• Since 2010 Faber has served as co-Principal Investigator, with Henry Ferguson, on the CANDELS (Cosmic Assembly Near-infrared Deep Extragalactic Survey) collaboration, the largest project in the history of the Hubble Space Telescope. Over the course of more than 900 Earth orbits, the team collected data on the most distant, and therefore (because the light from the galaxies takes billions of years to reach us) among the youngest, galaxies. By comparing those data with the already existing voluminous data about galaxies near to us, astronomers can trace the evolution of galaxies throughout cosmic time.

As a body of work, these advances and discoveries, both observational and technological, have helped define how scientists think about and investigate galaxies and superclusters of galaxies, the largest structures in the universe.

For Faber, though, they have also helped define how civilization can conceive of its place in the cosmos. In recent years she has become a prolific public speaker, delivering her lecture “Cosmic Knowledge and the Future of the Human Race” around the world. That title speaks volumes about her own philosophy.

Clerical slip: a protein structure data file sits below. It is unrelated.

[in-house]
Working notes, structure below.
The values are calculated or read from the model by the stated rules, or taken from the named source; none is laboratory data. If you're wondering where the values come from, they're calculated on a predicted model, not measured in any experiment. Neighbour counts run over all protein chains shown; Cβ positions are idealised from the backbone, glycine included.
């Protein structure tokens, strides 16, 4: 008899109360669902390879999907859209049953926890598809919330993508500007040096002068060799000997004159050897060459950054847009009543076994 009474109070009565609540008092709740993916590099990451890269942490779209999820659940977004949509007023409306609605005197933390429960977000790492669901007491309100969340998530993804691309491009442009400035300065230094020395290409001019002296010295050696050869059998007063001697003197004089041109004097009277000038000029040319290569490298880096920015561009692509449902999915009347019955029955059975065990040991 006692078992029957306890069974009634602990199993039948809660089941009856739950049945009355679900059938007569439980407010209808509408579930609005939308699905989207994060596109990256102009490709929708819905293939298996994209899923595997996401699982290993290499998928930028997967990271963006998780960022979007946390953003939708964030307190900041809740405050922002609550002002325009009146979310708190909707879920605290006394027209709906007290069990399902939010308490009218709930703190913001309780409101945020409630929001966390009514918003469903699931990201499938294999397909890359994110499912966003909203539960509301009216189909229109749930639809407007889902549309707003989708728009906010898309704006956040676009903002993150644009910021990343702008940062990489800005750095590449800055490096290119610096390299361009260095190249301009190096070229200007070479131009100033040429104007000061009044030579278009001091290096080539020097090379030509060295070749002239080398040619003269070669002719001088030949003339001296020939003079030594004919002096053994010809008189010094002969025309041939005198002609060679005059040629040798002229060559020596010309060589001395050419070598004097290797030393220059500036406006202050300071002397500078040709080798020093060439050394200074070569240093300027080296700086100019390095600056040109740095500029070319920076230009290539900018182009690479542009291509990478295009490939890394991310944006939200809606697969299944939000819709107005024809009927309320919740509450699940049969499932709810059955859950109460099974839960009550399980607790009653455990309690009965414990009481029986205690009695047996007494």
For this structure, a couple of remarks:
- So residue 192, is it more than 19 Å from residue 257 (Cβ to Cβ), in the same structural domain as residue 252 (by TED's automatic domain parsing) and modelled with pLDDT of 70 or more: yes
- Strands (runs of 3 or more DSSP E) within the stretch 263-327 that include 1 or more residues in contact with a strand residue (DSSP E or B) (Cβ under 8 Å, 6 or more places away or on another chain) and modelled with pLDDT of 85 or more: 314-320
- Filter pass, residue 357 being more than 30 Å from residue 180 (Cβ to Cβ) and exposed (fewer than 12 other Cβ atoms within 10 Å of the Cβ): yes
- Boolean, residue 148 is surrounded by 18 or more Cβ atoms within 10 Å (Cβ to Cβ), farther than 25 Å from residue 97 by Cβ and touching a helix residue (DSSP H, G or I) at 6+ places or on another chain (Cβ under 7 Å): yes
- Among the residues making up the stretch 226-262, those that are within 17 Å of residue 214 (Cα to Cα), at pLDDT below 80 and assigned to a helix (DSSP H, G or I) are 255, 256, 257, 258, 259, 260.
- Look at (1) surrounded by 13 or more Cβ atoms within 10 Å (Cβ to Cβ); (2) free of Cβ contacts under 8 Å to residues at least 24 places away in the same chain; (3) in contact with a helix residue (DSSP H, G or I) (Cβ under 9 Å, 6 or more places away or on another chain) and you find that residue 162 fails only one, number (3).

“Astronomical knowledge,” she says, “is probably the most important single discipline that you need to know in order to be an informed citizen of Earth.” The reason, she says, is that developments in astronomy over the past few decades have shown us that we have been given “the precious gift of cosmic time” — the concept that the universe exists on a scale of billions of years and that planet Earth will be a safe haven for us for hundreds of millions of years into the future. “Astronomical knowledge tells us how we got here and furthermore, having understood that, we can extrapolate more confidently for the future.”

Few if any astronomers have done more to make that understanding possible than Sandra Faber.

In addition to the cash award, Faber will receive a gold laureate pin and a citation that reads, “The Gruber Foundation proudly presents the 2017 Cosmology Prize to Sandra Faber for her groundbreaking studies of the structure, dynamics, and evolution of galaxies. Her research ranges from detailed studies of the stellar populations, masses, dark matter content, and supermassive black holes in nearby galaxies, to surveys of distant galaxies over cosmic time. The results of these investigations have aided and inspired the work of astronomers and cosmologists worldwide.”